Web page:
The discussion on the future of work is intricately linked to how human societies will adapt to technologies. As torrents of technological changes press on at unprecedented rates, the central challenge confronting national economies is whether we can create a future where work is available for all who need it with good rewards and fair conditions. The alternative path, one of increasing displacement and precarious employment for the majority of society, needs to be avoided at all costs.
In the seventh episode of the Future of Work webinar series organized by the Institute for New Economic Thinking, Daron Acemoglu, professor of economics at MIT, was joined by William Janeway, cofounder of INET, in a discussion on how we can shift the odds towards a future of meaningful integration between humans and technologies.
It is important to bear in mind that technological changes have always created winners and losers throughout history—or in economist talk, had distributional consequences. Invention of novel tools and production processes have meant the obsolescence of some skills and occupations; while new organizations, products and technologies create tasks that in turn absorb the displaced labor. The massive shift of workers into the manufacturing sector from farms after mechanization of agriculture in early twentieth century U.S. is a case in point. Importantly, successful transitions of this type require changes in institutions that counterbalance the labor replacing trends of technologies with “reinstatement” effects that provide gainful employment opportunities for those displaced. The high school movement, rise of scientific management, and enactment of the social security act have all been at the center of past transitions in the United States.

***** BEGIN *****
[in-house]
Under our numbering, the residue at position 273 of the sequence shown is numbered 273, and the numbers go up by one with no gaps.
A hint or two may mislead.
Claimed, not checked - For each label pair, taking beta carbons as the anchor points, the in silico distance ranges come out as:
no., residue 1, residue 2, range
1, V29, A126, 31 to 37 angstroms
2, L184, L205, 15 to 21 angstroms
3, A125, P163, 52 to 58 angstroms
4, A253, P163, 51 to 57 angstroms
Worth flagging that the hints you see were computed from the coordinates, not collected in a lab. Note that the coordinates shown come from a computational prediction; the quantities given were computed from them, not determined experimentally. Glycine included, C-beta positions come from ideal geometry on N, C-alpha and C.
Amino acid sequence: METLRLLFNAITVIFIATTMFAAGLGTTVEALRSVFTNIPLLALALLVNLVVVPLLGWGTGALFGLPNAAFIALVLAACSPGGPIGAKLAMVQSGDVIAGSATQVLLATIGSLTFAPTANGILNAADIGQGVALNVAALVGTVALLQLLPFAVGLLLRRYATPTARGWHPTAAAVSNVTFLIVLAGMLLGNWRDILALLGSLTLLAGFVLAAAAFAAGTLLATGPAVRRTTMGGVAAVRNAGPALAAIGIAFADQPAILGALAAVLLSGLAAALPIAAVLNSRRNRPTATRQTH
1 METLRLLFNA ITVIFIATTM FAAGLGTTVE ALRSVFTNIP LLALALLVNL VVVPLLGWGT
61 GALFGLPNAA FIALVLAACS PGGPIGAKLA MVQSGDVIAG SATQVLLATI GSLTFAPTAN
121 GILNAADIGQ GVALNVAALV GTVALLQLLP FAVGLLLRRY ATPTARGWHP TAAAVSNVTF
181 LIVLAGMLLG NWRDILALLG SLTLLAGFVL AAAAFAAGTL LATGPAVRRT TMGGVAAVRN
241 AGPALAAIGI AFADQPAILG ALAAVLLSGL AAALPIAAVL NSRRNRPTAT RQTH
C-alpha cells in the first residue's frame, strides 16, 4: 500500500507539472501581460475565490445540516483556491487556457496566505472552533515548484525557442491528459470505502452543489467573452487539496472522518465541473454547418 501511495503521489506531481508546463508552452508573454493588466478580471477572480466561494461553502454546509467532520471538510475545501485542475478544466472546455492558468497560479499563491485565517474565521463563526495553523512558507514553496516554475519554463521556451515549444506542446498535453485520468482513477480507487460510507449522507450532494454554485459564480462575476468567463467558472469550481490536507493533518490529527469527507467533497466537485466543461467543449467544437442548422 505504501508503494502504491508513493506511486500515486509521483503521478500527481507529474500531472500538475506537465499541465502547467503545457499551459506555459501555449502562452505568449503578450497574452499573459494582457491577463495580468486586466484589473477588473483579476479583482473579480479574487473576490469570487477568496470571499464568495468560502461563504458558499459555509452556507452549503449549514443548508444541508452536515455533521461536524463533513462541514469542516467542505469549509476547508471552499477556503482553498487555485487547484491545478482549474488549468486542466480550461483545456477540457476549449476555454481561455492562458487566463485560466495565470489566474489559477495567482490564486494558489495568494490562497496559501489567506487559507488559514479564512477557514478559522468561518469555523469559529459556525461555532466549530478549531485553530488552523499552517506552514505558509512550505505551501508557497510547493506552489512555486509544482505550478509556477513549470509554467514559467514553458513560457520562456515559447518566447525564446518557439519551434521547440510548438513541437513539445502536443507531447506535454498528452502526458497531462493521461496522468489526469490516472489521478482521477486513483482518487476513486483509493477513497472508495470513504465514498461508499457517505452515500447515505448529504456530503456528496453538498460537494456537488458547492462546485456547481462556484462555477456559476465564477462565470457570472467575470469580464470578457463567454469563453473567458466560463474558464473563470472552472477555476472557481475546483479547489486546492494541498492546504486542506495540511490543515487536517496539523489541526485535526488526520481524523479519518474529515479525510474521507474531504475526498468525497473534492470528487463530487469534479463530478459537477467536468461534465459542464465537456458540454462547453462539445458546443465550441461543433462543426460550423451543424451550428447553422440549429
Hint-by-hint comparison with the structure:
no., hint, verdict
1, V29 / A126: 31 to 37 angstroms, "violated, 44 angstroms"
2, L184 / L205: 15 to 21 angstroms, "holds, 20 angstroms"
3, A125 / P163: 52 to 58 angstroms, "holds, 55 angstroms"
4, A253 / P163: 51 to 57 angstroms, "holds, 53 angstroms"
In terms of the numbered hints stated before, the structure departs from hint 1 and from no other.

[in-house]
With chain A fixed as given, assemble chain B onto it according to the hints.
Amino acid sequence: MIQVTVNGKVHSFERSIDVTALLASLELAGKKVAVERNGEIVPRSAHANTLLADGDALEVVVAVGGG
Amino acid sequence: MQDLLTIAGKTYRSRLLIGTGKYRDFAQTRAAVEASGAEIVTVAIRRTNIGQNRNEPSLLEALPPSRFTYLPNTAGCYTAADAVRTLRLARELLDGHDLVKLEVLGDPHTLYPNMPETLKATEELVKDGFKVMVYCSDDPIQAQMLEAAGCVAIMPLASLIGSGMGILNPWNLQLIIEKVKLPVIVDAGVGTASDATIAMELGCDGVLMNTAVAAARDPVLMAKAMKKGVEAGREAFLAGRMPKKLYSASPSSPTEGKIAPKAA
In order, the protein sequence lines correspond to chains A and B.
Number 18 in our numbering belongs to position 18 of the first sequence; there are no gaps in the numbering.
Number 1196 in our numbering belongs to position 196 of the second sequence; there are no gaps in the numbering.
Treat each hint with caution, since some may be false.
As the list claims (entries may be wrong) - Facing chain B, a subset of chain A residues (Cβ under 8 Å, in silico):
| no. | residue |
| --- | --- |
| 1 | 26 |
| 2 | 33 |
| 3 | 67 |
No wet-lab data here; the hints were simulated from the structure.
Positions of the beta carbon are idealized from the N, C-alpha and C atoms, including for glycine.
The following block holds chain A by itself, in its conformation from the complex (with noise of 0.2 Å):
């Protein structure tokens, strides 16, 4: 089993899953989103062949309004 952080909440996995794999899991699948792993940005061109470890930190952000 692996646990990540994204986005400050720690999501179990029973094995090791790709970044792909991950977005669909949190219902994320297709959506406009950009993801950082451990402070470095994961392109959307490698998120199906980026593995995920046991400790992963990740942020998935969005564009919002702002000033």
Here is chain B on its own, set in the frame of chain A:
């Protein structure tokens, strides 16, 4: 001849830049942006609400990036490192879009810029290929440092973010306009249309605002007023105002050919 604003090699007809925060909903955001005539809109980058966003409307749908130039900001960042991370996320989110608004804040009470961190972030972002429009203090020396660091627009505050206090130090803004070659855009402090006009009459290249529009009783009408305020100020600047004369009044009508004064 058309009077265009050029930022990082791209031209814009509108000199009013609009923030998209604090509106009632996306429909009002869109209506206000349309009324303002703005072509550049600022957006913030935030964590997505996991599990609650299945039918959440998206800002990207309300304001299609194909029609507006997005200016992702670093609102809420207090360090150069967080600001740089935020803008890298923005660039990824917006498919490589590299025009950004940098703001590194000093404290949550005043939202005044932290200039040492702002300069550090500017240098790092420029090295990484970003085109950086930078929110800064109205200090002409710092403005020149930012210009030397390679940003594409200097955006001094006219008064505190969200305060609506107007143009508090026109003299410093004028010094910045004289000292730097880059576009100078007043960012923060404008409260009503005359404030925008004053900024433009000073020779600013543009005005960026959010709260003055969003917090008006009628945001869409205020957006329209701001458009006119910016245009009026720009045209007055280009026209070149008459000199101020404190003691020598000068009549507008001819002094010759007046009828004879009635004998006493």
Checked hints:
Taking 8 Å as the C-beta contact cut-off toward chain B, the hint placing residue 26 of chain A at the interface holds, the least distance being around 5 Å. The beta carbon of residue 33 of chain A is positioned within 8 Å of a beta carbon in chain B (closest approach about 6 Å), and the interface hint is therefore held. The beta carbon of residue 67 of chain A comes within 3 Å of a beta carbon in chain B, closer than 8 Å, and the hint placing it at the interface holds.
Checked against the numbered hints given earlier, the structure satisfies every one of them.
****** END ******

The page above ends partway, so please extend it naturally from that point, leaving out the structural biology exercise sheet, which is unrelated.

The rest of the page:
Since the late 1970s, however, things have not been so rosy. Growth of wages and employment have not kept pace with productivity increases in the economy, which itself has experienced a slowdown compared to previous decades. Employment in the manufacturing sector, which has been crucial in creating a middle class in industrial economies, has seen a steady decline, whereas good jobs in the expanding services sector, few and far between, have largely remained inaccessible to the unskilled workers. Daron Acemoglu worries that recent technological developments have in fact been overly focused on automation and replacing human workers wherever profitable. This trend has contributed to anemic productivity growth, shrinking middle class, and stagnant wages observed in recent years.
The path of increased automation certainly isn’t the only one available to us. Particularly given our more recent experience with technology, the need to redirect technological changes towards more inclusion and empowerment has become more urgent. While some see interfering with inventors and entrepreneurs as outside the province of economic inquiry, the ubiquitous “externalities”, or consequences to other parts of the economy, of technology changes make it imperative to scrutinize them from the get-go. In fact, while economists sat back to wait for the free market to work its magic, the small number of large tech giants have already developed business models centered around automation. Tax systems that favor capital over labor and a global economy laser-focused on cost competition have all pressured businesses to replace fallible humans with seemingly perfect machines. Government policies and public leadership are painfully needed now to illuminate that technology doesn’t have a path of its own and that we could redirect it towards creating tasks that augment and empower human beings.
To ensure we harness technology for inclusive prosperity, public policies will have more important roles to play in the future. What do these polices look like and how should they be designed to confer broad benefits to societies? The future episodes of this webinar series will continue to examine these questions.